4 Liberty to serve the Standing Counsel for the State of Andhra Pradesh, in addition.”
11 Notice has been issued by this Court confined to the above submission. However, before we proceed to analyse the submission, we are unequivocally of the view that the offence under Section 376(1) has been proved beyond reasonable doubt. The testimonies of PW1, the mother of PW2 and of PW 2, who was sexually assaulted, are clear and consistent. The oral account has been corroborated by the evidence of PW3, PW4 and PW5. The medical evidence, more particularly, the deposition of PW10 clearly establishes that PW2 was sexually assaulted. The appellant was apprehended at the spot in close proximity of the commission of the offence. The offence under Section 376 has been established beyond reasonable doubt. This Court shall now proceed to deal with the question of the conviction and sentence under the SC ST Act.
C.1 Intersectionality: The Different Hues of Identity
12 The experience of rape induces trauma and horror for any woman regardless of her social position in the society. But the experiences of assault are different in the case of a woman who belongs to a Scheduled Caste community and has a disability because the assault is a result of the interlocking of different relationships of power at play.
When the identity of a woman intersects with, inter alia, her caste, class, religion, disability and sexual orientation, she may face violence and discrimination due to two or more grounds. Transwomen may face violence on account of their heterodox gender identity. In such a situation, it becomes imperative to use an intersectional lens to evaluate how multiple sources of oppression operate cumulatively to produce a specific experience of subordination for a blind Scheduled Caste woman.
13 A movement for recognition of discrimination and violence emanating from the effects of the interaction of multiple grounds was pioneered by African American women in United States. Kimberly Crenshaw has been credited for coining the term intersectionality. In her seminal work on the subject, she describes the principle with the help of the following hypothetical:
“Discrimination, like traffic through an intersection, may flow in one direction, and it may flow in another. If an accident happens in an intersection, it can be caused by cars traveling from any number of directions and, sometimes, from all of them. Similarly, if a Black woman is harmed because she is in the intersection, her injury could result from sex discrimination or race discrimination.” 2
In her article, Crenshaw argues that sex discrimination and race discrimination statutes, as well as the judicial opinions in the United States that she studied are narrowly tailored and address the claims of the most privileged within the targeted group. She states:
“With Black women as the starting point, it becomes more apparent how dominant conceptions of discrimination condition us to think about subordination as disadvantage occurring along a single categorical axis. I want to suggest further that this single-axis framework erases Black women in the conceptualization, identification and remediation of race and sex discrimination by limiting inquiry to the experiences of otherwise-privileged members of the group. In other words, in race discrimination cases, discrimination tends to be viewed in terms of sex- or class-privileged Blacks; in sex discrimination cases, the focus is on race- and class-privileged women.””3 (emphasis added)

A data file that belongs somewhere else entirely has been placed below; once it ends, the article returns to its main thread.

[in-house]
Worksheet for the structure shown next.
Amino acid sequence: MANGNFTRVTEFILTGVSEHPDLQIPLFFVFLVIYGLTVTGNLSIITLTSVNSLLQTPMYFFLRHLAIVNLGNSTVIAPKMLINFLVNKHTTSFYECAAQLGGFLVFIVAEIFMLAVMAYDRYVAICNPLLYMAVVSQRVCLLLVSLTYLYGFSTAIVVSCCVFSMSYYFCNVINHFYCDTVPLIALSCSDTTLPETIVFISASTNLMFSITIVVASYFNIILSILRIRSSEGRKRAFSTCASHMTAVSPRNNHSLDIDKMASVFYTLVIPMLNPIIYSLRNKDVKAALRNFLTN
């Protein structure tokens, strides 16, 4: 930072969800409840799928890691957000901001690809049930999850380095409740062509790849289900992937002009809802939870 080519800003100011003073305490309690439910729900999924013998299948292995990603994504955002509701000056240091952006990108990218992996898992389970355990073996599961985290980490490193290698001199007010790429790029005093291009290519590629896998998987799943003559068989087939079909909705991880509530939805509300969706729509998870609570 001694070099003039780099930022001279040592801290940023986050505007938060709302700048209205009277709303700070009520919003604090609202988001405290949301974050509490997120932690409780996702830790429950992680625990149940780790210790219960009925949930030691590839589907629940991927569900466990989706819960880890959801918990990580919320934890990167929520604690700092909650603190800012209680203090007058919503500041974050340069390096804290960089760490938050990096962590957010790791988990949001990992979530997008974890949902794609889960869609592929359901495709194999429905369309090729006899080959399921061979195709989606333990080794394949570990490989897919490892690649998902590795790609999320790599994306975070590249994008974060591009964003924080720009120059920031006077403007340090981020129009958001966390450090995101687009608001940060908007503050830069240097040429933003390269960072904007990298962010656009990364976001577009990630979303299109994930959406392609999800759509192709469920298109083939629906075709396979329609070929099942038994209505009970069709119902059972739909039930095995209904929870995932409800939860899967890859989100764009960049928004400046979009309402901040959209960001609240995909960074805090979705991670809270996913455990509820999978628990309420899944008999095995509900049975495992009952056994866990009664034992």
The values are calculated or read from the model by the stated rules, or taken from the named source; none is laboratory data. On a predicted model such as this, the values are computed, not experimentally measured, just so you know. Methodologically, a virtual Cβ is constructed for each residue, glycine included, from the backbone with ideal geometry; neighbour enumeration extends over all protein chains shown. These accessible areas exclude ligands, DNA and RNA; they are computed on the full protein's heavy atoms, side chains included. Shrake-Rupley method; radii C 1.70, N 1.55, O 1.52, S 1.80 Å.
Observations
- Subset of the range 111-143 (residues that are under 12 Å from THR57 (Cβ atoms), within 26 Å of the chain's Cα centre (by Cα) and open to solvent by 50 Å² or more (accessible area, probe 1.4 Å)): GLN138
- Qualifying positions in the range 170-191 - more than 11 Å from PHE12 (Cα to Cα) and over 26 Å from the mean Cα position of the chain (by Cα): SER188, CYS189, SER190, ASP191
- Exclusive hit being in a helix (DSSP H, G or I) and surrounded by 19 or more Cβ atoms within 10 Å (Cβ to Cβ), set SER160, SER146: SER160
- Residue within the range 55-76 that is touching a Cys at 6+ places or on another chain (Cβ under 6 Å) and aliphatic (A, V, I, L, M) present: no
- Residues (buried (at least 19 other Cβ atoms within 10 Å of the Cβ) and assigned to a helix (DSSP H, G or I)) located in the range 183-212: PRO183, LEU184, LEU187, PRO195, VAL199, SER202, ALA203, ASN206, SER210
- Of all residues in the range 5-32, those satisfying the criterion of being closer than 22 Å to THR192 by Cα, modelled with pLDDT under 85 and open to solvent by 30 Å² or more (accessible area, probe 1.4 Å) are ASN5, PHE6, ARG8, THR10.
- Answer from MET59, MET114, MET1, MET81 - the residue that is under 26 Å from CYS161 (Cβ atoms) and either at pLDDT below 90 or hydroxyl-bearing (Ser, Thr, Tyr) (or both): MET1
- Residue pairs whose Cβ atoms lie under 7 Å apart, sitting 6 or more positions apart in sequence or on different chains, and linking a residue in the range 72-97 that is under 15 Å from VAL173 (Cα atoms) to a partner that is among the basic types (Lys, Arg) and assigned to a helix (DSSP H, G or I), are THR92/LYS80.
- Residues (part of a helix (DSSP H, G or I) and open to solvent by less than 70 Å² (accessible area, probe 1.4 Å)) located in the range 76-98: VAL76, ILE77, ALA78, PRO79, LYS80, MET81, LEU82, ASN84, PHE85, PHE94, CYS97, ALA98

She further highlights the intersectional nature of gender violence, where she states that: “[t]he singular focus on rape as a manifestation of male power over female sexuality tends to eclipse the use of rape as a weapon of racial terror.”
14 Intersectionality can be defined as a form of “oppression [that] arises out of the combination of various oppressions which, together, produce something unique and distinct from any one form of discrimination standing alone…”.4 While the model of intersectionality was initially developed to highlight the experiences of African-American women, there is a growing recognition that an intersectional lens is useful for addressing the specific set of lived experiences of those individuals who have faced violence and discrimination on multiple grounds.
A single axis approach to violence and discrimination renders invisible such minority experiences within a broader group since it formulates identity as “totemic” and “homogenous”.5 Laws tend to focus on a singular identity due to the apparent clarity a monistic identity provides in legal analysis where an individual claiming differential treatment or violence can argue that “but for” that identity, they would have been treated in the same way as a comparator.
Therefore, their treatment is irrational and unjustified.6 However, such essentialization of experiences of identity groups creates a problem where intersectional discrimination or violence has occurred. This is because the evidence of discrete discrimination or violence on a specific ground may be absent or difficult to prove.7 Nitya Iyer has argued that law based on single axis models forces claimants to ignore their own lived reality and “caricaturize themselves so that they fit into prefabricated, rigid categories”.8 Their claim will fail if they are not able to simplify their story to accord with the dominant understanding of how discrimination or violence on the basis of a given characteristic occurs.9